Amazon, Echo Show

Echo Show will bring FaceTime-like video conferencing to the Echo virtual assistant technology. Source: Amazon

Amazon is plotting world dominance — this is how they’re getting there Inc. launched Echo Show, a touchscreen device that will allow users to video call and watch clips from CNN, the latest in the company’s series of popular Echo voice-controlled speakers.

The device, which will go on sale in June for about US$230, will feature Alexa, Amazon’s voice-controlled aide, which can be used to play music, order an Uber or switch on the house lights.

Echo Show will allow video conferencing between users having an Echo device or the Alexa app. It is the first to support the feature, which is absent in similar devices offered by rivals such as Alphabet Inc’s unit Google.

“Putting a semi-permanent ambient device in the home that can make and receive video calls is an interesting evolution which should prove compelling,” said Jackdaw Research analyst Jan Dawson.

Tuesday’s launch of the Echo Show is Amazon’s latest effort to make Alexa a key part of its customers’ lives and dominate the nascent voice-powered computing market. Echo Show will come right after Amazon had already unveiled a fashion tech app, the Echo Look, which uses a voice-controlled camera to help users decide on daily outfits and shop online. The variance in their Echo devices will eventually claim 70.6 percent of the US market share in virtual assistants, far and beyond Google Home’s 23.8 percent.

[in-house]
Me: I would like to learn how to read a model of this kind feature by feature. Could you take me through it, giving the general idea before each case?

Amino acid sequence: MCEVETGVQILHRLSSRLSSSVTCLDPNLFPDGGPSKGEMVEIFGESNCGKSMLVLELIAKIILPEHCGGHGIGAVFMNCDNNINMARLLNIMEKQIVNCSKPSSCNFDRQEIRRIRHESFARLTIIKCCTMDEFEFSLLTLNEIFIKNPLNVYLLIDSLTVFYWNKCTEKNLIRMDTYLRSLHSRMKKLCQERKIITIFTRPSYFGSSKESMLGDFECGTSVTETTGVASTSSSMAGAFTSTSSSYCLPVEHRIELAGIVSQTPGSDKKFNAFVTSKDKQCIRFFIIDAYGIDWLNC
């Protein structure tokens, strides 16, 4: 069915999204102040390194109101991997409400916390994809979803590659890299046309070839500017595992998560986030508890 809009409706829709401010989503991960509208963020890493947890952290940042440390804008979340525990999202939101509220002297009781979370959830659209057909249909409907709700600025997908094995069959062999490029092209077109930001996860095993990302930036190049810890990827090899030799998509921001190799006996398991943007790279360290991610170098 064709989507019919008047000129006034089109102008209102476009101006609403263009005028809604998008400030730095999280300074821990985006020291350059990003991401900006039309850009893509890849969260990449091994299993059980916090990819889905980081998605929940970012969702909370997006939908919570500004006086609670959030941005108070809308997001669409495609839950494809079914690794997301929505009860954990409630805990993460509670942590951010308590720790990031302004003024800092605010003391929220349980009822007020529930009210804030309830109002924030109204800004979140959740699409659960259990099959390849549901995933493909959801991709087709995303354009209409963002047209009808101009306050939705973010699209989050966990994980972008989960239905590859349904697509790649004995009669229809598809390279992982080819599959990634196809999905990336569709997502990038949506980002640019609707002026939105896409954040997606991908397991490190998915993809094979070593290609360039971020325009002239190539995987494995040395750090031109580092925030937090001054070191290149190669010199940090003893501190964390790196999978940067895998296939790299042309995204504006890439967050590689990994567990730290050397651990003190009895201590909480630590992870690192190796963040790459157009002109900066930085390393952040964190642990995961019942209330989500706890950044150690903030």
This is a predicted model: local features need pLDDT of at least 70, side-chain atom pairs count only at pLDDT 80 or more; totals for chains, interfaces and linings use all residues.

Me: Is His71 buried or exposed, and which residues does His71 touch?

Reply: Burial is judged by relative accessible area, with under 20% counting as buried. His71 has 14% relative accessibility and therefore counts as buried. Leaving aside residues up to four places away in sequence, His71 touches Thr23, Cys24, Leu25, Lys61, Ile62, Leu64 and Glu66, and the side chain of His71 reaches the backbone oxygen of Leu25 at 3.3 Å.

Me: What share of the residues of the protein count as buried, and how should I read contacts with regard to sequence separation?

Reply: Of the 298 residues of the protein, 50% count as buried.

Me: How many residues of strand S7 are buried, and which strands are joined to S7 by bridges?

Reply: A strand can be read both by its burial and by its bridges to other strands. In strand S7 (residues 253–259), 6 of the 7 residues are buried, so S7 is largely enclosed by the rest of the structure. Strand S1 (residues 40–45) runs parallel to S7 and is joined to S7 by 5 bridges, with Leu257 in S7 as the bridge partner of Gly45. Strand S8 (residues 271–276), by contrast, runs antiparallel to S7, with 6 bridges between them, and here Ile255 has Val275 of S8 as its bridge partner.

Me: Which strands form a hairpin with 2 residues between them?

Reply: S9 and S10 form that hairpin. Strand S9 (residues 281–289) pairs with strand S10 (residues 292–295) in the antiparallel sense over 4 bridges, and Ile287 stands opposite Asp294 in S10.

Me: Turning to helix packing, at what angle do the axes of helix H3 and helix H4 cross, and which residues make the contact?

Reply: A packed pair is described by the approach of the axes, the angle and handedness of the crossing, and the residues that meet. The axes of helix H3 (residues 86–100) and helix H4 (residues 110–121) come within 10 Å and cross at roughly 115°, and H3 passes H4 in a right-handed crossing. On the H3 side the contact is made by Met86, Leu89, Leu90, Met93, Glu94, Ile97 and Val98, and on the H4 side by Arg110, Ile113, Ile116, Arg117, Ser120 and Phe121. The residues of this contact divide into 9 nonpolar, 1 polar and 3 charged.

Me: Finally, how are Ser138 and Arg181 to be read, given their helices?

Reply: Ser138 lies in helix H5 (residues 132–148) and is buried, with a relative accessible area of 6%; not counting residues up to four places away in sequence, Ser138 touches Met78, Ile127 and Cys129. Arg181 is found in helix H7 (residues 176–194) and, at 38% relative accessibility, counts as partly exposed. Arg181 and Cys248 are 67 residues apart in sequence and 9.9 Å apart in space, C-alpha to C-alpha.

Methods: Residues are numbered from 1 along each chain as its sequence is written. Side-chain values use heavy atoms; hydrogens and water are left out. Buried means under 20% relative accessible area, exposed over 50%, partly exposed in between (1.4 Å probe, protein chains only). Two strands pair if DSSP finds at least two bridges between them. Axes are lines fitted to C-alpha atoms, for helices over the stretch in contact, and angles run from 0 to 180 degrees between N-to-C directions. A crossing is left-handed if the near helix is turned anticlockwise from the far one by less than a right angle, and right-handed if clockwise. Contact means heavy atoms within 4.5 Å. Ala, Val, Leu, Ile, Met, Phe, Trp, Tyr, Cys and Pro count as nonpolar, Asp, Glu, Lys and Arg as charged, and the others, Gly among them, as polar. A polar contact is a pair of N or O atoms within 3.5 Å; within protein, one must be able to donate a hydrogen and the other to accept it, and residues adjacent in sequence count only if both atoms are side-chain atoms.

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“What we’re seeing is Amazon using its smart original foray into and early dominance of this space as a beachhead to spread into lots of other areas,” Dawson said.

The bot wars

It’s not surprising that Amazon is besting Google’s margins by such large numbers; the company is leveraging on its skill with big data technologies that aggregate rivals’ websites while simultaneously adjusting their own listings.

Reuters reported that Wal-Mart Stores Inc. had previously made use of similar programs—called bots or robots—in order to check several million times a day, but were unceremoniously kicked out by Amazon’s blockade.

Amazon’s technological prowess has propelled the company to retail glory, turning the brand into a global household name that caused flutters of excitement when rumors of a Singaporean move circulated a few months back. Ultimately, the company delayed their arrival, but it was clear the thirst for Amazon’s presence in the region is present.